LO and Big Layoffs LO5614

Virginia I. Shafer (vshafer@AZStarNet.com)
Tue, 13 Feb 1996 21:57:57 -0700

Replying to LO5550 --

I wrote:
>> In the military, where assignments averaged 3 years for "middle managers"
>> and 2 years for commanders, the "Not on my watch" mindset was rampant.
>> But I attribute it less to the "temporary" nature of the position and more
>> directly to the reward/promotion system. I can see the potential for the
>> same circumstance in management training programs for large corporations.
>> It's very probably the reward process (what branch office you get rewarded
>> with) rather than the transience that drives short-term thinking and
>> behavior. You only get those two years or six months to make an impact,
>> get results. I ask you to consider this.

Ivan Blanco wrote:

>The problem I see with this is that what is rwarded in the
>military may not be even desirable in corporations. For instance, when an
>officer lands one of those short-term assignments, knowing that he or she
>is on his or her way to better things, then they tend to do nothing.
>There is a lot of gatekeeping and extablishment holding. If you try to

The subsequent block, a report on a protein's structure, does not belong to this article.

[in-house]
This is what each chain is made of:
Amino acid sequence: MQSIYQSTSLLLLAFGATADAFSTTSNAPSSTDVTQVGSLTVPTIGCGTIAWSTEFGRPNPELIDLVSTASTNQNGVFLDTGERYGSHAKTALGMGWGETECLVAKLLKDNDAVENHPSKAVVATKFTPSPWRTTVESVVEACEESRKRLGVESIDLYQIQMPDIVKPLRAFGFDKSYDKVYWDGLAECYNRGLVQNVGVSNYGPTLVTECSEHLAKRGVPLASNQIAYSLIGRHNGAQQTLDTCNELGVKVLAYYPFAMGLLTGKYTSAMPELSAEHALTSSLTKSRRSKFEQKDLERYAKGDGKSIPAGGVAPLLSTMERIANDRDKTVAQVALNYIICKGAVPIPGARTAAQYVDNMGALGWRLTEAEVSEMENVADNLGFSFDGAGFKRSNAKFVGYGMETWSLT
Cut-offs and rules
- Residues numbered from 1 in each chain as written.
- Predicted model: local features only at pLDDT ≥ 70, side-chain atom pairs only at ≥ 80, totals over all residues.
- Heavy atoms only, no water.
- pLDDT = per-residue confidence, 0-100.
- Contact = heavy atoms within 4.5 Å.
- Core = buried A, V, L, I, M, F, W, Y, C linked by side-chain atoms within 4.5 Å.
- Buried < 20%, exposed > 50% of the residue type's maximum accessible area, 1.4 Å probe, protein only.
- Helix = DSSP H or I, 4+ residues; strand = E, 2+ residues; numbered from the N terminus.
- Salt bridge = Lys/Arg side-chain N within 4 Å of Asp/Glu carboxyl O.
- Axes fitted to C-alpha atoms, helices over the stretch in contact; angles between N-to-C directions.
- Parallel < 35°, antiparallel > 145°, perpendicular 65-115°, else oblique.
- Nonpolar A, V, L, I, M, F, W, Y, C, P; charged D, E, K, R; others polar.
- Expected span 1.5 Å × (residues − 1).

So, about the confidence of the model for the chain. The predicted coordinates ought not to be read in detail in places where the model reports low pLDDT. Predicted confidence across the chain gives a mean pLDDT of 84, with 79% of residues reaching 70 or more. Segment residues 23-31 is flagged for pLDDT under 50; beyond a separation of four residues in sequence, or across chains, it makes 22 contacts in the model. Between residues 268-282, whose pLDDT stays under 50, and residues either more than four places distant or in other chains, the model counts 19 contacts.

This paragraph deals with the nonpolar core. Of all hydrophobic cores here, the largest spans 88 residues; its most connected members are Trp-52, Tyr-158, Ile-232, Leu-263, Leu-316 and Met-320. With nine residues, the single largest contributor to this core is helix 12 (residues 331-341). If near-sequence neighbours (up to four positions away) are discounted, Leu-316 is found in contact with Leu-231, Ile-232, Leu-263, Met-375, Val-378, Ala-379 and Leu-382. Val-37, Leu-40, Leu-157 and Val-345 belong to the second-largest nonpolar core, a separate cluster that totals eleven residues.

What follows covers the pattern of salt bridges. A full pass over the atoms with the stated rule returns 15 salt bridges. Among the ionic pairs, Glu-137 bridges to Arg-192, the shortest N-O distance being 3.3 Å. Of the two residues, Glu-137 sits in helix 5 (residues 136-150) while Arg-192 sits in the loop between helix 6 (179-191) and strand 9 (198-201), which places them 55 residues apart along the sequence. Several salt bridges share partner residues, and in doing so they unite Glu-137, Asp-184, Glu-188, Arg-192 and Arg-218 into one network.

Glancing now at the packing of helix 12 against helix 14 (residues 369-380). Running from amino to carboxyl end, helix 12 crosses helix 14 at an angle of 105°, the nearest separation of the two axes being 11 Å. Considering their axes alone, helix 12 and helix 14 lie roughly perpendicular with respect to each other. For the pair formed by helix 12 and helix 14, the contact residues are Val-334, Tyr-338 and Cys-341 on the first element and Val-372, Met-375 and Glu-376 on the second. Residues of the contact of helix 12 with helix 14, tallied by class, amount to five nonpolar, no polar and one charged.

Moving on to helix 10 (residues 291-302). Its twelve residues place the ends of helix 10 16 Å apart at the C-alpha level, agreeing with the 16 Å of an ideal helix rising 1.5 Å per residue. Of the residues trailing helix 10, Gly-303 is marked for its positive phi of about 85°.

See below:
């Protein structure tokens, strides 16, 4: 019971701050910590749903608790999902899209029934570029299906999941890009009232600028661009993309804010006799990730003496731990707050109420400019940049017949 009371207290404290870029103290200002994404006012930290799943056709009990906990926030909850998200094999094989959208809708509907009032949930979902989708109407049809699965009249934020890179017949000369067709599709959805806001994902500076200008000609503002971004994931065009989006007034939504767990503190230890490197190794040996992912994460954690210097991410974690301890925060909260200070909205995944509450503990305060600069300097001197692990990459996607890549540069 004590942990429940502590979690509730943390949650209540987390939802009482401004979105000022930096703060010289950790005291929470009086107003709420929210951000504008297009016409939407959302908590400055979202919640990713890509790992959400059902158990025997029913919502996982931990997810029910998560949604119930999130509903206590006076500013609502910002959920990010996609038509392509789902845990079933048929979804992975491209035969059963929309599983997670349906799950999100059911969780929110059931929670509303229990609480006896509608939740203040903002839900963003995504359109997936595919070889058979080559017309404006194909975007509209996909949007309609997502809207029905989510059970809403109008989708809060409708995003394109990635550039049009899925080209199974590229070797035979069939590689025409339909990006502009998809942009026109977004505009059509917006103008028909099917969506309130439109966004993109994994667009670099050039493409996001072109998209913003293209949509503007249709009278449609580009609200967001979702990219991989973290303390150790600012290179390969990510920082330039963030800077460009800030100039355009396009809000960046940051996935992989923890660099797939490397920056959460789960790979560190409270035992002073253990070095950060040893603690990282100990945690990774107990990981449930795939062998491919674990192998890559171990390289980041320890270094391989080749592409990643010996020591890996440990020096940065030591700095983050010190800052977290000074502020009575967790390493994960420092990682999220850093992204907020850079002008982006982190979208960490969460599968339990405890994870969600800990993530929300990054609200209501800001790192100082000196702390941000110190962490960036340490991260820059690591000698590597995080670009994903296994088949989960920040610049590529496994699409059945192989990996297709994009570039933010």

>stir things too much, then you may not get the best posts in the puture
>because the guys at the top might think that you are too weird or even
>dangerous! I don't know if one can always produce desirable results in
>the short-term assignments in the corporation. The situation there mighht
>be a little bit more complicated than in the military.

On the contrary, my dear, what takes place is obviously just the opposite
of what you think. Rather than "15 minutes of fame," you get the two
years one may have as a commander when you must leave your mark. You
aren't content with incremental or gradual change, it must be dramatic,
immediate, and obvious. And spare no short term expense, 'cause you won't
be around to see/pay the consequences. You'll get rewarded/promoted and
move on. Just talk to any civilian employee of the Department of Defense
you may have occasion to meet. They've seen them all! No no, the sticks
in the mud are the turf protectors at staff level--a cut above the middle
management layer.

Again to confirm my point, it's the reward process that elicits the
behavior, not the temporary nature of the position. Rol's original
mention was stories that circulate in Asia concerning corporate American
executive training programs also obtaining these behaviors.


Ginger Shafer
The Leadership Dimension
"Bringing Leadership to Life"

vshafer@AZStarNet.com (Virginia I. Shafer)

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